Should Missouri enforce Obama's health care law?

President Obama signed the health care bill into law on March 23rd 2010. / File picture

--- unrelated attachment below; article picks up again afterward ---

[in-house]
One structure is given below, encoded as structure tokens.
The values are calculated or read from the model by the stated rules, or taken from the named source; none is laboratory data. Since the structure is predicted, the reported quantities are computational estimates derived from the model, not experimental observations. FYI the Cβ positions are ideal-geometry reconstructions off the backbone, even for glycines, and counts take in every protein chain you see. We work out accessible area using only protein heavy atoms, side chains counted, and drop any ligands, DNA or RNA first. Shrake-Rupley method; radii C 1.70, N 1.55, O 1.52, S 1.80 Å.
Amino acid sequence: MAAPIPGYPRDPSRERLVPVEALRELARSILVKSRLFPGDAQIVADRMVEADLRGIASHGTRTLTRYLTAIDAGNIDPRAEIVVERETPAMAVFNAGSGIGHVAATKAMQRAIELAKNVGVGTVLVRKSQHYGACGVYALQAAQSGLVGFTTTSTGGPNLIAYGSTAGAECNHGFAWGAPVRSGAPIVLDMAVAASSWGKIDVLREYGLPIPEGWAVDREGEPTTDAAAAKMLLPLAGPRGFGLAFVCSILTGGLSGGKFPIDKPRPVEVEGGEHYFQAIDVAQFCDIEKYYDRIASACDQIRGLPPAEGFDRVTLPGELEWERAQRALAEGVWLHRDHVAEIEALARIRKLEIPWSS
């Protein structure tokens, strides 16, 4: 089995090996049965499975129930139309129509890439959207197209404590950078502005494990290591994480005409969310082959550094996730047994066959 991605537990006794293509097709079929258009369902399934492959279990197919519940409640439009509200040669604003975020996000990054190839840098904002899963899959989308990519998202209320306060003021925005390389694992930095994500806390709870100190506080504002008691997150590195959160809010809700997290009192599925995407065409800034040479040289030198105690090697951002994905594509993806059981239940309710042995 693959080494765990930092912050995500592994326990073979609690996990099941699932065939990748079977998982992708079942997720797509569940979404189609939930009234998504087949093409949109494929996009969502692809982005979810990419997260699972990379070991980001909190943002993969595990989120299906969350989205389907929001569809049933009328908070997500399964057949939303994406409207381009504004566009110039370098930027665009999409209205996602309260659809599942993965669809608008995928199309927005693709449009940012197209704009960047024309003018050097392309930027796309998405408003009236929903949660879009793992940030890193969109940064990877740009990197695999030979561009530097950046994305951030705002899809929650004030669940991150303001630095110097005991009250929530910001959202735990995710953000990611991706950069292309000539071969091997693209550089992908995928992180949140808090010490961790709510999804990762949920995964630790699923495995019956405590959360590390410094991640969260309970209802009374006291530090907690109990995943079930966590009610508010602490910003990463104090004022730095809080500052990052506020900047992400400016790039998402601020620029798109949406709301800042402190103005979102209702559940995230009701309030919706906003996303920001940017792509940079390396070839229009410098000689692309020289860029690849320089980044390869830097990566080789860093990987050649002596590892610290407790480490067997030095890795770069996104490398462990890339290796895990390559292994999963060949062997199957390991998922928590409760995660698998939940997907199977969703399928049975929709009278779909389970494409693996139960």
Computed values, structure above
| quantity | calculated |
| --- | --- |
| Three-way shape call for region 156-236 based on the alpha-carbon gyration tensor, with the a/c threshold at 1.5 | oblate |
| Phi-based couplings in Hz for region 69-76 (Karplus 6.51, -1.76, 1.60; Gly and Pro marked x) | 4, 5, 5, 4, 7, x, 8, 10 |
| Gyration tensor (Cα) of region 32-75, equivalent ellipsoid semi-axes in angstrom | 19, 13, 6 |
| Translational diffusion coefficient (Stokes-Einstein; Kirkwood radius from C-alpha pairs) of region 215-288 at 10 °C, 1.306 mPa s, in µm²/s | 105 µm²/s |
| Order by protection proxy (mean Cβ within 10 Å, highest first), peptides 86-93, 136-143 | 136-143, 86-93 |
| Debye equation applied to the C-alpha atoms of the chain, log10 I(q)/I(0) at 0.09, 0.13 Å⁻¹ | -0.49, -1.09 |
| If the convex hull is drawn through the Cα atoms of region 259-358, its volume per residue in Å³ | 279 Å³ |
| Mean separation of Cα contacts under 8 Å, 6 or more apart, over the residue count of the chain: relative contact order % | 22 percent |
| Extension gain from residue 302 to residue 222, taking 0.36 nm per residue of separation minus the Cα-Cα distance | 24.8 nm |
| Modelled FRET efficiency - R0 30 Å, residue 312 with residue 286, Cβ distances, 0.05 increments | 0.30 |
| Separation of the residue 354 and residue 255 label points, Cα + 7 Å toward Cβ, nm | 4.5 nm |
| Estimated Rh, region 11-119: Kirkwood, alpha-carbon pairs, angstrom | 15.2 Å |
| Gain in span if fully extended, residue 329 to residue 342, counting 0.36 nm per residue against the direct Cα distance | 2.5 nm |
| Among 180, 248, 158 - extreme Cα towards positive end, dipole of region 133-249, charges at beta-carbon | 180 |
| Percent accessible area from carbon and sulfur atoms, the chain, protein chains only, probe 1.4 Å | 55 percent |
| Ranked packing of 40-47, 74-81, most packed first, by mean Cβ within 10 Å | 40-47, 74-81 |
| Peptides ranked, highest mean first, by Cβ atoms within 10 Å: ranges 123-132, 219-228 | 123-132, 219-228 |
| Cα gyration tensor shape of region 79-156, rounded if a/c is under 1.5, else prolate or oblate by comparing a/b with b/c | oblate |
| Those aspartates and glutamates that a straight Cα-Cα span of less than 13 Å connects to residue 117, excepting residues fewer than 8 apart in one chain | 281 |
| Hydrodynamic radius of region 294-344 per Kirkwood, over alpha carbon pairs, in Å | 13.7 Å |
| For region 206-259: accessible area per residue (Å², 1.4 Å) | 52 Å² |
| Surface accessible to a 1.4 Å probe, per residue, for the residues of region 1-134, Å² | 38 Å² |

A year after President Barack Obama signed his heath care overhaul, Missouri Attorney General Chris Koster says the law's legal fate is still uncertain.Koster made the statement in response to three Republican officials who asked him whether he thought the law could be enforced in Missouri.The GOP officials who requested the legal analysis criticized Koster's response for not being sufficiently specific.I n early January, the Missouri House debated and then passed a resolution calling on Koster to get involved in efforts to block the new federal health care law. The resolution called on Koster to defend the anti-federal health care ballot measure approved by Missouri voters in August, and to join some two dozen other states now suing the federal government over mandates in the health care law.Representative Ward Franz of West Plains said at the time, "By the people of Missouri voting for Proposition "C" with a vote of over 71 percent, and by their turnout at the polls in November's election, they've made it clear that they're both tired and scared of direction this great country of ours is going." Two federal judges upheld the health care overhaul. A third struck down the insurance requirement, and a fourth ruled the entire law is unconstitutional. Appeals courts will consider those rulings.K oster says Missouri risks possible sanctions by not complying with the law while waiting for a definitive ruling.K oster says lawmakers and the governor will have to weigh the risks of possible sanctions against costs for complying with the law. Missouri Lieutenant Governor Peter Kinder, a republican, is suing the health care law as a private citizen, not as a constitutional officer.Yesterday, Missouri 9th District Congressman Blaine Luetkemeyer told KRCG that he and other GOP lawmakers in Washington will continue to try to defund the President TMs health care plan." It TMs just a bad bill. It TMs a bad concept, Luetkemeyer said. This kind of health care, the way they are approaching it, is not the way to go. Luetkemeyer says the American people are against the President TMs health care plan by a ratio of about 2 to 1. Even so, polls show that about 1 in 8 Americans believe they have been personally helped already, well before the main push to cover the uninsured scheduled for 2014.Still, issues of affordability and complexity guarantee ongoing problems, even if the Supreme Court upholds the landmark legislation that made health insurance both a right and a responsibility.(The Associate Press contributed to this story)